I struggled for awhile, trying to find a software program to recommend for my students to use. I needed the software to meet certain criteria that I felt were important. The first was that it would be very easy to use, since the course is only eight weeks long and the idea mapping is done near the end in most cases. Second, that it would closely resemble the look and feel of a hand drawn map. Thirdly, I wanted a program that was completely free for my students and that didn’t have expiry dates or trial periods and didn’t require the students to give out unnecessary personal information. The two programs I recommend are either GoConqr.com or MindMaple Lite.
GoConqr is an online student resource that has a mind mapping feature that is very easy to navigate. If a student already has a facebook or google account, it is just a simple one-click login, otherwise it is a very simple account creation. MindMaple on the other hand is is a complete stand alone software download that does not require the downloader to enter any information to get the “Lite” version. It is easy to use and even though it is a free version, it has enough functionality for my students needs, and if they feel like they need the full version, it is only $10 USD for the year.
With both of these programs it has been very easy for my students to submit their completed maps via email which has made my job easier. just think.
“It just looks messy.” This is an excuse I hear quite often, and yes, sometimes, an Idea map can look rather messy, but this is usually the case when someone is mind mapping a meeting or a lecture and they are trying to get the information down rather quickly and not worrying much about form. If neatness is desired, the mind map can be redrawn by hand or one of the many commercially available software programs can be used.
I will be giving a 75 minute presentation entitled “Passive to Active with Idea Mapping” on February 19th at 12:30 PM. This will be for CATCA 2015, which is the Central Alberta Teacher’s Convention Association and the theme for this year’s event is “Redesign….The Future!”. I feel that speaking about the positive benefits of Idea Mapping, particularly in the educational setting will fit in nicely with this theme. Here is my synopsis: This session will examine how Idea Mapping can be used effectively in a variety of educational settings and will show how our students can take the most mundane assignments, and by using Idea Mapping, they can take ownership of the information they need to learn. We will look at how unique our brains and the associations we make are, my students work, and resources and software you can tap into.
My session link & Event Page
I don’t know how many times I’ve heard that when I start to explain Idea mapping to someone. When I think about something that’s very linear, a ruler or a timeline comes to mind. It’s hard to imagine that anyone could be such a linear thinker that their memories would be stored in their brains or recalled in a chronological manner. Often times our memories will be linked to one of senses, such as smell. When we catch a particular scent, such as a familiar perfume, it can trigger memories, most likely ones with the strongest emotional ties. Therefore our brains are naturally associative and when we allow ourselves to daydream and stop thinking about thinking it is amazing where our thought process goes. This is all due our incredible minds, which do not process new information, old information, memories, feelings and emotions in a linear fashion. This is why mind mapping works so well, as it closely resembles our natural thinking process.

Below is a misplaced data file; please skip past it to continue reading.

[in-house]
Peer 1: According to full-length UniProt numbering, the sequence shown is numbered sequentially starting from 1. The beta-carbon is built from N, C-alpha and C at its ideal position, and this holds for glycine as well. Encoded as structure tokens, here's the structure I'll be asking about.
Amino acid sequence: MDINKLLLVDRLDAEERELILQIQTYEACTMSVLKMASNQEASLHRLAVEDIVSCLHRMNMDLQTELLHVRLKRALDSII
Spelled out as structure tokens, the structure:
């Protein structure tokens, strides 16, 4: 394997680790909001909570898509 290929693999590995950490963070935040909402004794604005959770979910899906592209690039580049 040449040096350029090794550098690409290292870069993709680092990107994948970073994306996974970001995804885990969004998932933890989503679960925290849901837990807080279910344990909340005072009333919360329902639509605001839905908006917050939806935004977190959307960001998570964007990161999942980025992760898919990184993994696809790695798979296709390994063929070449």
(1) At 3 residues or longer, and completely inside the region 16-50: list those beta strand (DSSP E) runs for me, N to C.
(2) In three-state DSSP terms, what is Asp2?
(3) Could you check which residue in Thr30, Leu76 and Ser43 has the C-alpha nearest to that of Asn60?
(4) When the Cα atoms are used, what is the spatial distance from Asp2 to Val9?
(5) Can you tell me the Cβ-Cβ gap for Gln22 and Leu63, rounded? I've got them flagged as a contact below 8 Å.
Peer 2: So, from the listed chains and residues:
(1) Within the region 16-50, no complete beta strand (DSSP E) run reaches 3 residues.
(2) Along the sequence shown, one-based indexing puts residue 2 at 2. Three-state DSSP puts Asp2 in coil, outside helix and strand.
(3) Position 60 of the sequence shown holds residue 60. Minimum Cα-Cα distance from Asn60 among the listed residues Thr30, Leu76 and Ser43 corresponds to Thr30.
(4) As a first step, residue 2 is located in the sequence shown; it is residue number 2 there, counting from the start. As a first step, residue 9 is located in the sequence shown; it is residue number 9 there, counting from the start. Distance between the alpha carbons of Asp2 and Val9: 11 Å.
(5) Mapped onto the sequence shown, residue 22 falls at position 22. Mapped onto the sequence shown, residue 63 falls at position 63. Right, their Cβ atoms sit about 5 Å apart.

– this is an excerpt from my article “Becoming a Mapping Mentor” in the April issue of “Using Mind Maps” magazine.
Hello fellow mappers,
I just found some fantastic pens for mapping. The’re called FRIXION colors and they are made by Pilot. The pack I got comes with 12 colors (just like the picture), they don’t bleed through the paper and best of all they are erasable! With these pens you don’t actually rub the ink away but the rubber type end of the pen when rubbed on the paper produces heat and the heat causes the ink to disappear. My family found this out the hard way, my father-in-law was preparing for a lecture he was going to deliver in a few days time. He had used a ball point Frixion pen to write out his linear outline (sadly not a convert yet) and my mother-in-law used his notepad as a convenient place to set down her hair straightener. When he went to go over his notes the next time you can imagine his surprise. So a word of caution, if you choose to use these pens for your next map don’t leave that work of art on the dash of your car in the middle of August.